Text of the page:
From Robert Barnard, the internationally acclaimed Diamond Dagger-winning crime writer . . .
Some memories are better left buried in the past. Well-known author Graham Broadbent has managed to repress one particularly dangerous memory for many years, but a trip home to a school reunion brings back the shocking reality of a desperate youthful passion.
It all begins with a knock on Graham's hotel door. His visitor is nineteen-year-old Christa, who read in the newspaper that he would be in town. She introduces herself as his long-lost daughter. His daughter? It's true that many years ago Graham had a fling with Christa's mother, an exquisitely alluring school actress named Peggy Somers. The dates don't work, though. Graham maintains he was out of the country when Christa was conceived. He couldn't be her father.
He's almost sorry that he can't claim Christa, a lively young woman who intrigues him in a strange way. And what about Christa's mother, the formidable Peggy, who made such an impression when she portrayed Saint Joan in the school play all those years ago? Why would she have lied to Christa about her paternity? Why name Graham as the girl's father?
Separated from his wife, at loose ends in his writing, Graham takes the fateful step of searching out Peggy. It's a big mistake. Peggy's life, which started with such promise, has been a major disappointment. Now it's about to become a disaster. Peggy lies. She fabricates. She fantasizes. She is the kind of person who will destroy Graham if he lets her.
As Graham finds himself drawn increasingly into the turmoil surrounding this woman and her children, he must deal with deception and, ultimately, with murder. The sins of the past return to haunt the living, and the lives of those who survive will never be the same.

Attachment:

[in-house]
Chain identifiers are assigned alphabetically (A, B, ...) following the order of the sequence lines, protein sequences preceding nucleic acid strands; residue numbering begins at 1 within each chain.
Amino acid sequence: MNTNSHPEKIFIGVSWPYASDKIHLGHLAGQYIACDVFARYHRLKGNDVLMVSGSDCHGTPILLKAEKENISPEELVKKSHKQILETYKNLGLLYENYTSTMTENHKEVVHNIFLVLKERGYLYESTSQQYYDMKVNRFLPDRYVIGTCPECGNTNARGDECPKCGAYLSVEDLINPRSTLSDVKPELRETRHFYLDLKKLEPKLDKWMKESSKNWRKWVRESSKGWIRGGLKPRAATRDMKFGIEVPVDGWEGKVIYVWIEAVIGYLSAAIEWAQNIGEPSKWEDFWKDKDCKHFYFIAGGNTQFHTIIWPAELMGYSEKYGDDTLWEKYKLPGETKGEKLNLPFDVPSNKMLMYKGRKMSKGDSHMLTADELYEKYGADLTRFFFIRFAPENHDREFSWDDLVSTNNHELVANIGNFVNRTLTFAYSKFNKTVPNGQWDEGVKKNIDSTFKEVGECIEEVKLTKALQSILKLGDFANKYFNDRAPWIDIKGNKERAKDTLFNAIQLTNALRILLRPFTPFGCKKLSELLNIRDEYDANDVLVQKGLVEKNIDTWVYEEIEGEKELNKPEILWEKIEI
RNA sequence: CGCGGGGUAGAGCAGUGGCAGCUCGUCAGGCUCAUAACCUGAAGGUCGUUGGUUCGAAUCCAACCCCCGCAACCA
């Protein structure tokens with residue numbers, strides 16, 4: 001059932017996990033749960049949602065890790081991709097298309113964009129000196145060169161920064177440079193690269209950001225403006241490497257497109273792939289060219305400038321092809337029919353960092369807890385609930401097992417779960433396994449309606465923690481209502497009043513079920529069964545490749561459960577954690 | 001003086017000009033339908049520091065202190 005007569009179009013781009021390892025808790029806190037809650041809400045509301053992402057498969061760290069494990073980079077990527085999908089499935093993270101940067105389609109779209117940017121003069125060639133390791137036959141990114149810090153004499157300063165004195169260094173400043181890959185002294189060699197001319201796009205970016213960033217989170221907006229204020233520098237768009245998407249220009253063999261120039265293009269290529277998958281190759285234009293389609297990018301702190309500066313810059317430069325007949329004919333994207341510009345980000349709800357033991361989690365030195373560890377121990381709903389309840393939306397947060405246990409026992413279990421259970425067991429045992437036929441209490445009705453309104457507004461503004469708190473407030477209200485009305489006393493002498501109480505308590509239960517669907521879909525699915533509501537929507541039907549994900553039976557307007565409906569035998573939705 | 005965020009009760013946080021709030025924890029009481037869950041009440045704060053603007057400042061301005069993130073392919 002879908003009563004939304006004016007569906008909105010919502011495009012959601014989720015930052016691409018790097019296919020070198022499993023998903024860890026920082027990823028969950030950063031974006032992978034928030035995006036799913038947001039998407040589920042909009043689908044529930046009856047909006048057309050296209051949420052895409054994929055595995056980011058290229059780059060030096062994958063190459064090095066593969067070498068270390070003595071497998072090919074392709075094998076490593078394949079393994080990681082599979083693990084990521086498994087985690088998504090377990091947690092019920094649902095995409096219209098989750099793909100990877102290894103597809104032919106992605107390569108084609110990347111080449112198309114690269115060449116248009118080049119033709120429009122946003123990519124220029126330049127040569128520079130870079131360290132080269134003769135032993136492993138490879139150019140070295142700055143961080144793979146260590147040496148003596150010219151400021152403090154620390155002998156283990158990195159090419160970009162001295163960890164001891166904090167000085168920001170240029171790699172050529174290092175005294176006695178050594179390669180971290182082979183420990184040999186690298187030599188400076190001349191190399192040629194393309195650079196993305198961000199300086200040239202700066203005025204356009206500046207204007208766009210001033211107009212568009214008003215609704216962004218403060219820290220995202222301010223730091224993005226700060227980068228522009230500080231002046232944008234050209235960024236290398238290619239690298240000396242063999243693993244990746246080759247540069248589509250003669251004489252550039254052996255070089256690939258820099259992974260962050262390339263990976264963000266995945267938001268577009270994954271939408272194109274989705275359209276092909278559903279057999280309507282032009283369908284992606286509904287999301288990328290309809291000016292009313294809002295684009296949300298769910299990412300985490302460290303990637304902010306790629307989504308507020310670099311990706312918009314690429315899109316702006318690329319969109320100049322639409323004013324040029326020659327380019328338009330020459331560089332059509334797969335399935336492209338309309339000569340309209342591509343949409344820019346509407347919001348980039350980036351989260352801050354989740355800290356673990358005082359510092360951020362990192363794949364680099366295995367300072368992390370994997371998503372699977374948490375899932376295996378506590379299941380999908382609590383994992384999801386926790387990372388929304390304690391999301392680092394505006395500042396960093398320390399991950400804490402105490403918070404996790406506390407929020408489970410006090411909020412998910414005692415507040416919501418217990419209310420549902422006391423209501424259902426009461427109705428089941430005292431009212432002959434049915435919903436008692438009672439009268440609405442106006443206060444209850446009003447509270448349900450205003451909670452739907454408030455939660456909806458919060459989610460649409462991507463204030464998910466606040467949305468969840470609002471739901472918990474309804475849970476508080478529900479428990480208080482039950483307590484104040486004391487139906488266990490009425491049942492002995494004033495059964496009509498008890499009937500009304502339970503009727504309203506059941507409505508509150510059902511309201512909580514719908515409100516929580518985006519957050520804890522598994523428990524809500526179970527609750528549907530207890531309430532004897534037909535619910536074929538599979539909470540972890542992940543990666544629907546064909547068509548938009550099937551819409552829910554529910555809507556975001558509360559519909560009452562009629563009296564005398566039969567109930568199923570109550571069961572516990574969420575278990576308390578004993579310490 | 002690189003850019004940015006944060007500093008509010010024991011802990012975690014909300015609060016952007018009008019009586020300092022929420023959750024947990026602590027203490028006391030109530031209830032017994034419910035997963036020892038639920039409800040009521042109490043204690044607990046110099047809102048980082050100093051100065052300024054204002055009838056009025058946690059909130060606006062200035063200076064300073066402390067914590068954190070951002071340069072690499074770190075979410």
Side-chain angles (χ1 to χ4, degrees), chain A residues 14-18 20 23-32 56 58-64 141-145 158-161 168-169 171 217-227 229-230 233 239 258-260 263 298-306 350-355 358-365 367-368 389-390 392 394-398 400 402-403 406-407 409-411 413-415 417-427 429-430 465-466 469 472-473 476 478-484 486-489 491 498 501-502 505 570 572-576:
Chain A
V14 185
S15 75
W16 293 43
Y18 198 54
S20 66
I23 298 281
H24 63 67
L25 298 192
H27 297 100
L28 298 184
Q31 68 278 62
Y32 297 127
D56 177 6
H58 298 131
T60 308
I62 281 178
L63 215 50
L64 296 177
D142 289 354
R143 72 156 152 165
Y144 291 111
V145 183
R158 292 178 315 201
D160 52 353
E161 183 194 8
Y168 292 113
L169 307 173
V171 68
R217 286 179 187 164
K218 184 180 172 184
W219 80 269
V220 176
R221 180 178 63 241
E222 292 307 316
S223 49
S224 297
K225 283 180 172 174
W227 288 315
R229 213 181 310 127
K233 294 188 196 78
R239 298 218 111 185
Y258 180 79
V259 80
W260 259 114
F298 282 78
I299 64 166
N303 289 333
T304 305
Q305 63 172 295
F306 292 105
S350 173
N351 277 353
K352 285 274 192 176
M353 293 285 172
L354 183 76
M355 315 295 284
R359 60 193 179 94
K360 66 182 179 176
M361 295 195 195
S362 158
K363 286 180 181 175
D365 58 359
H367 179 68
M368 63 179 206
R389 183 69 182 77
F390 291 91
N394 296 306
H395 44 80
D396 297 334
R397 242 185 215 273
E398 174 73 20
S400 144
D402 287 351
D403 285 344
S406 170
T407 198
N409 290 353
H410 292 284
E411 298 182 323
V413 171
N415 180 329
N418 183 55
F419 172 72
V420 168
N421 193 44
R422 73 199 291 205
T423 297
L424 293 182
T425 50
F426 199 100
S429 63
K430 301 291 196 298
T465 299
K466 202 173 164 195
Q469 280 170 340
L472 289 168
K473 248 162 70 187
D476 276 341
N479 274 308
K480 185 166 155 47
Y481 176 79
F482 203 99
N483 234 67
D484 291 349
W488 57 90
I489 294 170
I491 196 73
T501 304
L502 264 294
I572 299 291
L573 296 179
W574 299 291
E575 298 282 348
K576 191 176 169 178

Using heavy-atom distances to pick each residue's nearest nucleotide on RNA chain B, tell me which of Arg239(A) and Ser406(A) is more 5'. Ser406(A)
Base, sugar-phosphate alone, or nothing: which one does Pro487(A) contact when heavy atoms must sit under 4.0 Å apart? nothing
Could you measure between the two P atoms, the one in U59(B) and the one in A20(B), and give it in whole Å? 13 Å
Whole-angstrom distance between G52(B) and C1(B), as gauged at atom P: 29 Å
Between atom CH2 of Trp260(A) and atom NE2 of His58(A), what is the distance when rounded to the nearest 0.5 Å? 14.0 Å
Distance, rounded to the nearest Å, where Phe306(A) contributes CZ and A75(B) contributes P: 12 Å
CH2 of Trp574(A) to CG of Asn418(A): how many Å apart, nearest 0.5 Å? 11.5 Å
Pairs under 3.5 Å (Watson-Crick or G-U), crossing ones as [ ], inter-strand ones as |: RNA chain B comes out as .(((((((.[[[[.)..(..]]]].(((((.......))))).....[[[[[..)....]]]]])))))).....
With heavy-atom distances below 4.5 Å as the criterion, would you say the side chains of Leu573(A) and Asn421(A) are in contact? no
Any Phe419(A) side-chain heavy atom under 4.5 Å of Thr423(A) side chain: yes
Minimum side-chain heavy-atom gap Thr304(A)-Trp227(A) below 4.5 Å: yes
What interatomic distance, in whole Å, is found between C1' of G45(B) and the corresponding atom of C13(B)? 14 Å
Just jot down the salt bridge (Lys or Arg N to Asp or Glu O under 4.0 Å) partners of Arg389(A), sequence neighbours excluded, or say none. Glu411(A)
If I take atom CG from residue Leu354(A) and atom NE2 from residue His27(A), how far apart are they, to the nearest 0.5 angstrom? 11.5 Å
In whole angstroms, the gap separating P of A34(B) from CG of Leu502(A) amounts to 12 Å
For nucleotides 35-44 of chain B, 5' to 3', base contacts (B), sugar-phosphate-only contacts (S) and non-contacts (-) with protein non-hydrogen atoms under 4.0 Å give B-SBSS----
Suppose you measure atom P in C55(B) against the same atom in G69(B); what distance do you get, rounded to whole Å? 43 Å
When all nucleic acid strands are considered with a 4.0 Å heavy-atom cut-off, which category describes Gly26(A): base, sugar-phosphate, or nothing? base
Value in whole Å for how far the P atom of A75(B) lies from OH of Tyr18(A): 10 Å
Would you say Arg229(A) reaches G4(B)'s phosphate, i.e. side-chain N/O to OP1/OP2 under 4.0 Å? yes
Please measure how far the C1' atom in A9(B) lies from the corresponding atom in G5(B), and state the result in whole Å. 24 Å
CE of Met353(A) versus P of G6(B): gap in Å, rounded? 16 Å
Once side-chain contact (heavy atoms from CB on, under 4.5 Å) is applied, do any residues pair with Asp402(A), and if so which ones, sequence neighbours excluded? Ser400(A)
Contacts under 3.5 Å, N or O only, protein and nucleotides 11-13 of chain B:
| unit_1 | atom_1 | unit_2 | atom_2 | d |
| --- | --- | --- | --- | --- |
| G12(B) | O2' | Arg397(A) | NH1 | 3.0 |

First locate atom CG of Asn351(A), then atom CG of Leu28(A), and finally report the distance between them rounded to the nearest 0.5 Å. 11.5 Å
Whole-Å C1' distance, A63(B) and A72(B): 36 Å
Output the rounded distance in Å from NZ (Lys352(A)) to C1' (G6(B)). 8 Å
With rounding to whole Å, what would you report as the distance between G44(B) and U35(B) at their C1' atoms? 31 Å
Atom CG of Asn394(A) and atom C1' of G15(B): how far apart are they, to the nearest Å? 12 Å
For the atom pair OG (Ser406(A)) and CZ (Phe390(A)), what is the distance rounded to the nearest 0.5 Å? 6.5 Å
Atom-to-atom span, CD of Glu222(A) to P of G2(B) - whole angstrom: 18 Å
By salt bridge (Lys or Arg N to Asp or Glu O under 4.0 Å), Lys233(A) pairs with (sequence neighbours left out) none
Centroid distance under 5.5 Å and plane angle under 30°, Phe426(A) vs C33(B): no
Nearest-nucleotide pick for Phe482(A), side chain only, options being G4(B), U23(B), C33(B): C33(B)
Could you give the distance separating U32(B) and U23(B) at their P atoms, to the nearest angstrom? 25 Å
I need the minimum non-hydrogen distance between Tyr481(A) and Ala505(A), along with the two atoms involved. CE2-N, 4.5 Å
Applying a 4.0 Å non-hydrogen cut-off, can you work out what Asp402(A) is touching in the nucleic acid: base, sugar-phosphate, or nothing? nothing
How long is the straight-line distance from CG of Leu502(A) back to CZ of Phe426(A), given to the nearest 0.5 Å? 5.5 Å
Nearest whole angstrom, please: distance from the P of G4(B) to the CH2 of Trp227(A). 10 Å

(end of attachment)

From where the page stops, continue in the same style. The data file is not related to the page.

Writing with the piercing insight and wit for which he is renowned, Robert Barnard creates a poignant masterpiece of mystery, as thoughtful as it is entertaining.
The latest mystery thriller from prolific British master Barnard (The Graveyard Position) may skimp on his trademark mordant humor, but it offers characters with more emotional depth than those who typically populate his cutting satires. While in Colchester for a reunion, Graham Broadbent, an acclaimed novelist, is jolted out of his complacency by the appearance at his hotel of an attractive young woman claiming to be his daughter. Her assertion leads the aloof Broadbent to revisit a long-past romantic relationship with Peggy Somers, an unrepentant manipulator and fantasist, who may actually be the mother of a son whose existence he never knew of. While a murder gives the book's last third a whodunit, the killing and the quest for the culprit are clearly secondary to Barnard's sensitive exploration of the changes unexpected encounters and unsuspected emotions bring about in his well-portrayed protagonist. Whether or not this signals a permanent change in direction for this Diamond Dagger Award-winner, both longtime fans and first-time readers should be pleased. (May) Copyright 2006 Reed Business Information. -- PUBLISHERS WEEKLY.
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May 01, 2006
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